The health signal, too, was clear. By 1995, scientists had amassed enough evidence to detect three “clear and ominous” fingerprints of global warming: Warmer winters, more extreme weather events, and disproportionate warming at high elevations. That same year Epstein and a team of infectious disease specialists concluded climate change would likely have “wide-ranging and mostly adverse impacts” on human health.
Yet a 2001 National Research Council report highlighted the uncertainties, finding that the potential disease impacts from global warming “remain highly uncertain.”
Such a conclusion, from such an influential panel, Epstein noted, “meant that those who opposed laws or rules to lower CO2 emissions would be able to cite the uncertainties … to justify inaction.”
The outcome, he added, “was hugely disappointing.”
Doubt still dominates
That was 10 years ago, yet doubt still dominates. And the debates – and reports – keep rolling. Last week it was Australia’s turn, with the government’s Climate Commission issuing a 70-page summary of climate science and concluding the case for action has never been more urgent. Earlier in May in the United States, the National Research Council took a whack at it, with yet another review of the science.
That Congressionally mandated report fell on deaf ears; in Australia, the discussion over Prime Minister Julia Gillard’s proposed carbon tax is being hijacked by U.S.-style, tea-party politics.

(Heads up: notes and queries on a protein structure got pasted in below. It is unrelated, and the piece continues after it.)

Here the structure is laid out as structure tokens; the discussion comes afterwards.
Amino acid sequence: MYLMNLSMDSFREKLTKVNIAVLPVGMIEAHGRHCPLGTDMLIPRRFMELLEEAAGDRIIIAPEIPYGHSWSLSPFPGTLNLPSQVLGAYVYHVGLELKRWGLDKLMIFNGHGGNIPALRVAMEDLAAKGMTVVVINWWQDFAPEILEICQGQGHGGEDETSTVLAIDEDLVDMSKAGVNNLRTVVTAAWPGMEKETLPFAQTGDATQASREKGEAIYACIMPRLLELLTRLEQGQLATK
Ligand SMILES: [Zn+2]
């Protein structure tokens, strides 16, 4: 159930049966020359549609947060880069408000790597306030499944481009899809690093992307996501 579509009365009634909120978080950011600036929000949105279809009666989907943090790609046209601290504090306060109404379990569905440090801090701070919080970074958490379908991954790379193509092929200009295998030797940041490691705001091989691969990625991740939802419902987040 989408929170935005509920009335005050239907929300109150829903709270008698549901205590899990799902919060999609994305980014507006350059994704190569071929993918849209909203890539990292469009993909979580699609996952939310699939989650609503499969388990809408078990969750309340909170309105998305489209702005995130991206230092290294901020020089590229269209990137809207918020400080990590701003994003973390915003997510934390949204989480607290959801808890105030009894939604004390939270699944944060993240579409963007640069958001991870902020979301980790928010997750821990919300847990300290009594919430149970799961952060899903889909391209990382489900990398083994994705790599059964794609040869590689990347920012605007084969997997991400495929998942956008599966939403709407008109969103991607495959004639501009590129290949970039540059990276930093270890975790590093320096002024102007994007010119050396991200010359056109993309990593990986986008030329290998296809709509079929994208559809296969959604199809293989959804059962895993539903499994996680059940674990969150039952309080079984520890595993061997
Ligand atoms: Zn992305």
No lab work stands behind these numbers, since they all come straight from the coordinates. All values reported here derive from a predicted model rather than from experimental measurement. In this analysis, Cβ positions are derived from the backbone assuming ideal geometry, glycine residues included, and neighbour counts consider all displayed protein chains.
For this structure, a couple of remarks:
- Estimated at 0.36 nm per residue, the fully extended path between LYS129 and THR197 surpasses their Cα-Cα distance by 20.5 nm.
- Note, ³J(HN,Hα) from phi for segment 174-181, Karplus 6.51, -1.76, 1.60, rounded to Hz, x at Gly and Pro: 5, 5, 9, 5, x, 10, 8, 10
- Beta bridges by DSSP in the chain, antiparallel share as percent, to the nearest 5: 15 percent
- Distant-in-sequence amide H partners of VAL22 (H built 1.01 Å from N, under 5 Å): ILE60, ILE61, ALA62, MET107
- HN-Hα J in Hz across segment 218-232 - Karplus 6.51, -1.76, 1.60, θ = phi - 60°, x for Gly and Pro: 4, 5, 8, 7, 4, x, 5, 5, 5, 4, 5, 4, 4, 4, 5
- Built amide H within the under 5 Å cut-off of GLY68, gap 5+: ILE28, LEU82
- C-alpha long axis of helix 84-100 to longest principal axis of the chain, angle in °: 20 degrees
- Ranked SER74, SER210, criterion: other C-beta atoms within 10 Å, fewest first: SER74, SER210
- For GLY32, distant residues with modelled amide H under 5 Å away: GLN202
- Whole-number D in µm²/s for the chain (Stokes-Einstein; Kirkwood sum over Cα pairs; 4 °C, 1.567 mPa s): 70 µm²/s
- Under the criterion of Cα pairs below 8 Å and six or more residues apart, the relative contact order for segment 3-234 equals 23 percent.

What’s the price of such delay? Turns out Epstein has a window there, too.
By the spring of 2010 a number of professional health groups had concluded that enough evidence existed to say climate change endangers well-being. At the same time, the U.S. economy was mired in a deep economic funk and the Deepwater Horizon spill was spewing millions of gallons of oil into the Gulf of Mexico.
Epstein hopes that, years from now, the three events will be seen as a “crossroads” moment in the history of our species – where boundless economic growth is seen as untenable and limits are accepted as the price of a sustainable future.
But as spring turns to summer a year later, as the price of oil slips past $100 a barrel, the primary energy debate is what and where to drill. It appears that, like other observations made during the course of Epstein’s career, that notion remains ahead of its time.